In the German district of Oderland, to the east of Berlin, lives a group of people who believe in an alternative approach to farming, and an alternative way of working.
At ‘Hofkollektiv Bienenwerder’ up to 14 people from different generations live and work on an organic farm following the concept of community-supported agriculture, a principle based on a partnership between farmers and consumers to share risk and reward. In Germany, this principle is known as ‘solidarity agriculture’.
“The solidarity agriculture principle aims for farmers and vegetable shop owners to work in cooperation with consumers,” explains JoJo, who lives and works on the farm. “So if there is a bad harvest, something bound to happen more and more often due to climate change, the farmers can survive financially. Consumers usually pay a fixed monthly price all year long, for which they receive vegetables.”
The farm’s organic vegetables are delivered directly to consumers in the surrounding areas and in Berlin, as well as to collectively-run organic shops in the city. The ambition of Hofkollektiv Bienenwerder is to make organic food at an affordable price.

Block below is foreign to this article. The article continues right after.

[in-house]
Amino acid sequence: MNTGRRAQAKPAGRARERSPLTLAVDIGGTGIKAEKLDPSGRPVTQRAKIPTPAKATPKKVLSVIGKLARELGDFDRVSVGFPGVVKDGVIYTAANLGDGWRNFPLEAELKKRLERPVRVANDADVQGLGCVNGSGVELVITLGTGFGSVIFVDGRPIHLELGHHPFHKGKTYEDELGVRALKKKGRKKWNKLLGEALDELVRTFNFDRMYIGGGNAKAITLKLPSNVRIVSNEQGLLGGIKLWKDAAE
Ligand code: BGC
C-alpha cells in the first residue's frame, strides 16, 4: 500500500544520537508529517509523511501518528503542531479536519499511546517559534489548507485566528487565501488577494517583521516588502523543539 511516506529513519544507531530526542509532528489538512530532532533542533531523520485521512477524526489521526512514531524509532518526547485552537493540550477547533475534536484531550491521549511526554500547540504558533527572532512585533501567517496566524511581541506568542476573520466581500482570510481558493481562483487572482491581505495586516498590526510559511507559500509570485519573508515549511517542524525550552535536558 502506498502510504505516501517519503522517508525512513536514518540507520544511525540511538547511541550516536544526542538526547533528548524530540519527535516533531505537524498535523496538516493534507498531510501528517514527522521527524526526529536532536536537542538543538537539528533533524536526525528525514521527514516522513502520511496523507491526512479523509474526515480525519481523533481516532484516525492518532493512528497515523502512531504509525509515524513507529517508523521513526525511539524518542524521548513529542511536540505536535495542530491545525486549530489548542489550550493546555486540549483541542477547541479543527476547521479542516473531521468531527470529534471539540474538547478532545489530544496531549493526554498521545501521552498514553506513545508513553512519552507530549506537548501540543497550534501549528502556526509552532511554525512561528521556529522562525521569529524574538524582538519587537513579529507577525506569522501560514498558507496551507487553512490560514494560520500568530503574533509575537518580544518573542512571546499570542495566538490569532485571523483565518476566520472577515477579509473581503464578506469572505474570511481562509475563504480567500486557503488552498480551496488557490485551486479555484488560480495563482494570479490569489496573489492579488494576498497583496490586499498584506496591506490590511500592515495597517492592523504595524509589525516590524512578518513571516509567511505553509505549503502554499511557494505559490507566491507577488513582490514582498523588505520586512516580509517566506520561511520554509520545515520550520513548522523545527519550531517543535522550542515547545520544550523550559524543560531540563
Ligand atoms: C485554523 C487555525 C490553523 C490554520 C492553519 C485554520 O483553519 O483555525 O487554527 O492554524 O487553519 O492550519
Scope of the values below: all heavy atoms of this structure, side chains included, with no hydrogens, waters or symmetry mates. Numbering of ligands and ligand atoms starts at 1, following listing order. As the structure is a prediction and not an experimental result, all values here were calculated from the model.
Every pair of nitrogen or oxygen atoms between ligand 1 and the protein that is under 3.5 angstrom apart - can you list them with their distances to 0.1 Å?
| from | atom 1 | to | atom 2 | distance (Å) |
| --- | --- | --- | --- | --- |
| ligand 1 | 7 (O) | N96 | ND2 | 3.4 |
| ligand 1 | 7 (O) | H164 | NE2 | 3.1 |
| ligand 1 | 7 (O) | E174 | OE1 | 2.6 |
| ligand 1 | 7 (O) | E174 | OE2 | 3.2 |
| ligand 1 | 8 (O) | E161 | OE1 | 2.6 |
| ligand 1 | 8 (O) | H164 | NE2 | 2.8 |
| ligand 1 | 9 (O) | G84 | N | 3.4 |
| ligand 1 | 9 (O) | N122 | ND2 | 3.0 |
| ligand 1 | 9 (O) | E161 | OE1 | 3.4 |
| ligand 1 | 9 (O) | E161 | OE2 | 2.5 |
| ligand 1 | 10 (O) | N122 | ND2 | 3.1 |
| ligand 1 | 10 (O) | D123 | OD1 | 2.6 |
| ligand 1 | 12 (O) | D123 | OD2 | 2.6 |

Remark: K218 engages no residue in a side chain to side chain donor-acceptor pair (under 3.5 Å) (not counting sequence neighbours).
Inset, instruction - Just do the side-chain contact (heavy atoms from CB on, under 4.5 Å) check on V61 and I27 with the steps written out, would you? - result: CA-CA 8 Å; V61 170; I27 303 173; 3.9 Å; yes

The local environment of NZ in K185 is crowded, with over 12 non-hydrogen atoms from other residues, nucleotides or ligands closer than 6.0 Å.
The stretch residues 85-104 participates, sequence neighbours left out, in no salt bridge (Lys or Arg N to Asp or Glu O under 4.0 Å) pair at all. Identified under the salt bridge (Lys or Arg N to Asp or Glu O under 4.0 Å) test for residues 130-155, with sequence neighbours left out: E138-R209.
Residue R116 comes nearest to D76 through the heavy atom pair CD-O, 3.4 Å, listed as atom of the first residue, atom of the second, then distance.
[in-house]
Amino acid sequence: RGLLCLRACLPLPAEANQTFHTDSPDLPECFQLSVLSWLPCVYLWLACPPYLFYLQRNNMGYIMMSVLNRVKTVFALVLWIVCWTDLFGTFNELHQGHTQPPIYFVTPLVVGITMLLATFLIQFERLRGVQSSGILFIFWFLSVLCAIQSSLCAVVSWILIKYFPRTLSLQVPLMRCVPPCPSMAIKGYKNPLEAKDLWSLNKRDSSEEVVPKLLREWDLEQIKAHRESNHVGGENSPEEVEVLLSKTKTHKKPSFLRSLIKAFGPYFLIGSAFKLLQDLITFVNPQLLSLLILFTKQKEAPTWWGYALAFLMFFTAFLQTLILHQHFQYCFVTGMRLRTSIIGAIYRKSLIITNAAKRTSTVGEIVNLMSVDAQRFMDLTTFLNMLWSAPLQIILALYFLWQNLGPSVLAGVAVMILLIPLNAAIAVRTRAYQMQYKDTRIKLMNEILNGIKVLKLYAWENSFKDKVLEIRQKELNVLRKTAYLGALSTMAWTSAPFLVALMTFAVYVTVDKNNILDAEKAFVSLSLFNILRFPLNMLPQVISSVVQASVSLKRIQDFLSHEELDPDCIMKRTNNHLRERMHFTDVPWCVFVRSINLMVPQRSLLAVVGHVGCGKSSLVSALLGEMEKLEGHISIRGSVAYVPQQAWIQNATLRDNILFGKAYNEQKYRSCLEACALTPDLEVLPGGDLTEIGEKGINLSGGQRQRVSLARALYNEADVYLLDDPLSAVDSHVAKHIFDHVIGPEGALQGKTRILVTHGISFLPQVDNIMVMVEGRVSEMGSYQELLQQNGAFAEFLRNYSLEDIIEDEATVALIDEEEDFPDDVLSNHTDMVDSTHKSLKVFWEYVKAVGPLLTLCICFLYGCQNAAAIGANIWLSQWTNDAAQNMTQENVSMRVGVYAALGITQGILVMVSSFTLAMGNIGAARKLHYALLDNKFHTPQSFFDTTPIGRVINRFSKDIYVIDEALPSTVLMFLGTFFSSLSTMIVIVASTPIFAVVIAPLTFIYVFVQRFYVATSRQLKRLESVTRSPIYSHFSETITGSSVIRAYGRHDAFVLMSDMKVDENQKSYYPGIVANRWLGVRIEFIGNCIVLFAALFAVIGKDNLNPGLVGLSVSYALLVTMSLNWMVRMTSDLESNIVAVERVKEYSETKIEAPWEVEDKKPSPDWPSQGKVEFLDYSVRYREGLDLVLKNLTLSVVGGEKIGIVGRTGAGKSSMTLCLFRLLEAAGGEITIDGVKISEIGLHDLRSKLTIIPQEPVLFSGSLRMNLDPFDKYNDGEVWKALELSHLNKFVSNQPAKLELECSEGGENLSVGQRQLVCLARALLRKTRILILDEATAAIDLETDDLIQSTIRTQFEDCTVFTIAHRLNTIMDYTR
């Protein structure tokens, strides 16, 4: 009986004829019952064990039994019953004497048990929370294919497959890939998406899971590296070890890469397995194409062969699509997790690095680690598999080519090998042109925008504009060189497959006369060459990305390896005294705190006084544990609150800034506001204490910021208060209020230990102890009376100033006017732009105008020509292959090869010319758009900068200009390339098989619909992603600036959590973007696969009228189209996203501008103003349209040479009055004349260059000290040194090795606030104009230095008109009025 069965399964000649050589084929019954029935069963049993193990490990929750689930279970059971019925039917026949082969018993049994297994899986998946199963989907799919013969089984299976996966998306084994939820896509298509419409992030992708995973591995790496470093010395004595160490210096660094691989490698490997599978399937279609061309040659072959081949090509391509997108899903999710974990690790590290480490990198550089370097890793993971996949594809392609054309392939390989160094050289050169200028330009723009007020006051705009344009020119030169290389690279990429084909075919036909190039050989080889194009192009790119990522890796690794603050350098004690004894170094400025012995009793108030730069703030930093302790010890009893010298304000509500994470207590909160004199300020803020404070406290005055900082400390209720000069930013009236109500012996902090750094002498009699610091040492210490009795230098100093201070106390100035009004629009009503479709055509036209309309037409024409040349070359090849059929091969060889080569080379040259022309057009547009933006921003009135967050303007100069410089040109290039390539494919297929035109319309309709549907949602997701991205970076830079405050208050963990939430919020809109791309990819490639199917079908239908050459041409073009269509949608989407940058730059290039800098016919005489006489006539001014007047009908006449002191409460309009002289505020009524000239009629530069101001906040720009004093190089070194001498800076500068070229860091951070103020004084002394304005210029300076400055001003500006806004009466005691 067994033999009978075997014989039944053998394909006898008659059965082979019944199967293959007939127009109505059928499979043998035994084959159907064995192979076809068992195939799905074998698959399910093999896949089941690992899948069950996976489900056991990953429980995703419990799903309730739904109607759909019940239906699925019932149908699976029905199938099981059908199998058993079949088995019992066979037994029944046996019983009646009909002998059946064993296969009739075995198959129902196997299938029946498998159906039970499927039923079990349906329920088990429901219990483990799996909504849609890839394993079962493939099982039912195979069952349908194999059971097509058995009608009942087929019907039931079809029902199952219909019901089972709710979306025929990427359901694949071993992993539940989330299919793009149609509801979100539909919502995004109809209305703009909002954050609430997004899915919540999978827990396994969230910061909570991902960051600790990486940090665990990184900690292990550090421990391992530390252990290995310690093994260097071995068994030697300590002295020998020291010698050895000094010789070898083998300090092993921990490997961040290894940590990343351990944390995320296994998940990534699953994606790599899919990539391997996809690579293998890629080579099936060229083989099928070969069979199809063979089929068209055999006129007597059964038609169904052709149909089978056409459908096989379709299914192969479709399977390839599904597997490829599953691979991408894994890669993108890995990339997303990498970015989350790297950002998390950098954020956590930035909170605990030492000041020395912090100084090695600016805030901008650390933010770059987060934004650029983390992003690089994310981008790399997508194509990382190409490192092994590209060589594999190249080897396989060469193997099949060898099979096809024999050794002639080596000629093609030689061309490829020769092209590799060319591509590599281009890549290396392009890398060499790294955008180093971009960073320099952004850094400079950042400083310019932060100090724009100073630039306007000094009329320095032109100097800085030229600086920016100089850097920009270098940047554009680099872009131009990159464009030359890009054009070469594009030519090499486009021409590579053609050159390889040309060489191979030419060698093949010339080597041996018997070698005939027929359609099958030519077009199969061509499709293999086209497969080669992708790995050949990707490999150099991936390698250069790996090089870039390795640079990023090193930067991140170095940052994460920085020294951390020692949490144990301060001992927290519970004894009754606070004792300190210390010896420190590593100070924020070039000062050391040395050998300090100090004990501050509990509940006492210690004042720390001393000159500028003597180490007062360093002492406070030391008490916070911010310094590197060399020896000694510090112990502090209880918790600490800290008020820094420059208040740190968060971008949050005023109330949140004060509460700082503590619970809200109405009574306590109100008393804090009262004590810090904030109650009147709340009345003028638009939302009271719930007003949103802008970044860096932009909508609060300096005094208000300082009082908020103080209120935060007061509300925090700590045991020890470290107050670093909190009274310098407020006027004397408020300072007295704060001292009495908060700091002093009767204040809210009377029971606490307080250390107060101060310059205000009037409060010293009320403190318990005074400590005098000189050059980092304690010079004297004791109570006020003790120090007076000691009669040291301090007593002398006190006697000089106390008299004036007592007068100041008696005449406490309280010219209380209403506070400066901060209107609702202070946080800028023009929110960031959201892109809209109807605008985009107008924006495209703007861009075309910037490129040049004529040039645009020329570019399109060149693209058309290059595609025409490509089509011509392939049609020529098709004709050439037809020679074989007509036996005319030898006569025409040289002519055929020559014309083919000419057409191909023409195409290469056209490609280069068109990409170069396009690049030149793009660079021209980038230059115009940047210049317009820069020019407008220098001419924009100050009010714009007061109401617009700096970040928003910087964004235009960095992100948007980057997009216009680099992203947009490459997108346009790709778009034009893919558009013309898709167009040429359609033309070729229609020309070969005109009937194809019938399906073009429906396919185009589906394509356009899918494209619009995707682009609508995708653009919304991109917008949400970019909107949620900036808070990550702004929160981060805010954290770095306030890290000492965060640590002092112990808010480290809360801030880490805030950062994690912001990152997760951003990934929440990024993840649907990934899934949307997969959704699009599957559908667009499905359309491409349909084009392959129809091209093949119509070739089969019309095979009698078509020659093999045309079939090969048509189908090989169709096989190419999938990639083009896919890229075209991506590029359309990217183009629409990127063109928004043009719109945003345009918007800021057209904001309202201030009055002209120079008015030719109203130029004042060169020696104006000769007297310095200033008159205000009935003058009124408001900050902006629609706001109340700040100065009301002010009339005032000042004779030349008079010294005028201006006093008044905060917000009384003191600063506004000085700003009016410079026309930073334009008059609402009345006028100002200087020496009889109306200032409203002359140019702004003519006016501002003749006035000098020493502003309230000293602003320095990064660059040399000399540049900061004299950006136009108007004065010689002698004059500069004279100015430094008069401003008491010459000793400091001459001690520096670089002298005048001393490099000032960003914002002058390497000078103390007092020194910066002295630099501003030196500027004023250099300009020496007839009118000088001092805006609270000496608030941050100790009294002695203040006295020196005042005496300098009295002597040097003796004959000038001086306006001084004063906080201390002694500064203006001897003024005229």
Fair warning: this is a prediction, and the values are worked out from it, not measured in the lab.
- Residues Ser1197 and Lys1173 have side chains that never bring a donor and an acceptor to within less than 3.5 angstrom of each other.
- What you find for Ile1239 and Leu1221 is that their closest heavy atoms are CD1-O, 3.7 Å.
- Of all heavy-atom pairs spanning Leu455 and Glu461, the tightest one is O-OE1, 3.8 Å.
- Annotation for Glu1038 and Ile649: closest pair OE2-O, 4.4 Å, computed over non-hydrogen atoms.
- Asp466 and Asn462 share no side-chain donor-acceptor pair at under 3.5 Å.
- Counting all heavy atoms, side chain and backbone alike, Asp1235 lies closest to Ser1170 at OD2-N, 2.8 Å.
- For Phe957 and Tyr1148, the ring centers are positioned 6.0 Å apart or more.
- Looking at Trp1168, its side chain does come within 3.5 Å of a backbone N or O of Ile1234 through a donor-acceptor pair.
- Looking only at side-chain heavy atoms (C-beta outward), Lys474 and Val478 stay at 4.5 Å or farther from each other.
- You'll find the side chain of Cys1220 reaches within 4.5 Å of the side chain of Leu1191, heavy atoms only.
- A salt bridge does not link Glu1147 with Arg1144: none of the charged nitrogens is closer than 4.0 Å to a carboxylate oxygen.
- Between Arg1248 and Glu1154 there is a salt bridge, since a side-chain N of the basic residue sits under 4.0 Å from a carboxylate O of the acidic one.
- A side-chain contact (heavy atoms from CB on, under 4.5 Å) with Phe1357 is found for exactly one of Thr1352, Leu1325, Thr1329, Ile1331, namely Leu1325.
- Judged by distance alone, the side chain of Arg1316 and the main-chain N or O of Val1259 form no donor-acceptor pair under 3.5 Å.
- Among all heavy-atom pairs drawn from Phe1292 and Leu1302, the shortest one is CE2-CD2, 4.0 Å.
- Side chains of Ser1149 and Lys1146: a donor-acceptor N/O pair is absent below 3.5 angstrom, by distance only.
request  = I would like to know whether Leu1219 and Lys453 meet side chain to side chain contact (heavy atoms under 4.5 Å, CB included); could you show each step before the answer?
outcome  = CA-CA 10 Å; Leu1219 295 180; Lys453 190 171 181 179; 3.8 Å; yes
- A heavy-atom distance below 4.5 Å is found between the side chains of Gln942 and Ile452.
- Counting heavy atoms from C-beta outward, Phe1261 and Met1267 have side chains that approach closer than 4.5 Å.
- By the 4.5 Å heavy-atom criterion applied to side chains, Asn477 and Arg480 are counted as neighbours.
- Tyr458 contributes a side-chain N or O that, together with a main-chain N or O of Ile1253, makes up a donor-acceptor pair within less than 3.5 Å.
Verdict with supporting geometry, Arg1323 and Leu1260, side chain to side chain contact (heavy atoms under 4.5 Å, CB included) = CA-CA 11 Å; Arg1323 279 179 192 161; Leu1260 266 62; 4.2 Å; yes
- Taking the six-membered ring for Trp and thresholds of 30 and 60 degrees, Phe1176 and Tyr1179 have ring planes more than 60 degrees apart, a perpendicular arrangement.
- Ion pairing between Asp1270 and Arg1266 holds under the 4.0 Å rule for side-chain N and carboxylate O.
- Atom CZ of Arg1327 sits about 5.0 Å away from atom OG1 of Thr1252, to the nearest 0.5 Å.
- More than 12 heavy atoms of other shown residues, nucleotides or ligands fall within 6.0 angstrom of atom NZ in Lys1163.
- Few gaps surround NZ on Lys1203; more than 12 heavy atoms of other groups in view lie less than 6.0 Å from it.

Hofkollektiv Bienenwerder is organised without a hierarchical structure, the motto on their website reads: “No Masters, No Servants”. Every decision is made collectively in their weekly meeting.
“In the end, it’s a business that we run together,” says resident and worker Marek. “It’s this division of work done more or less on a free basis but out of responsibility. The feeling of responsibility for myself and for everybody else.”
In addition to organic vegetable cultivation, the farm also keeps cows, goats, horses, chickens, ducks and bees. Importance is placed on sustainable use of the land and soil.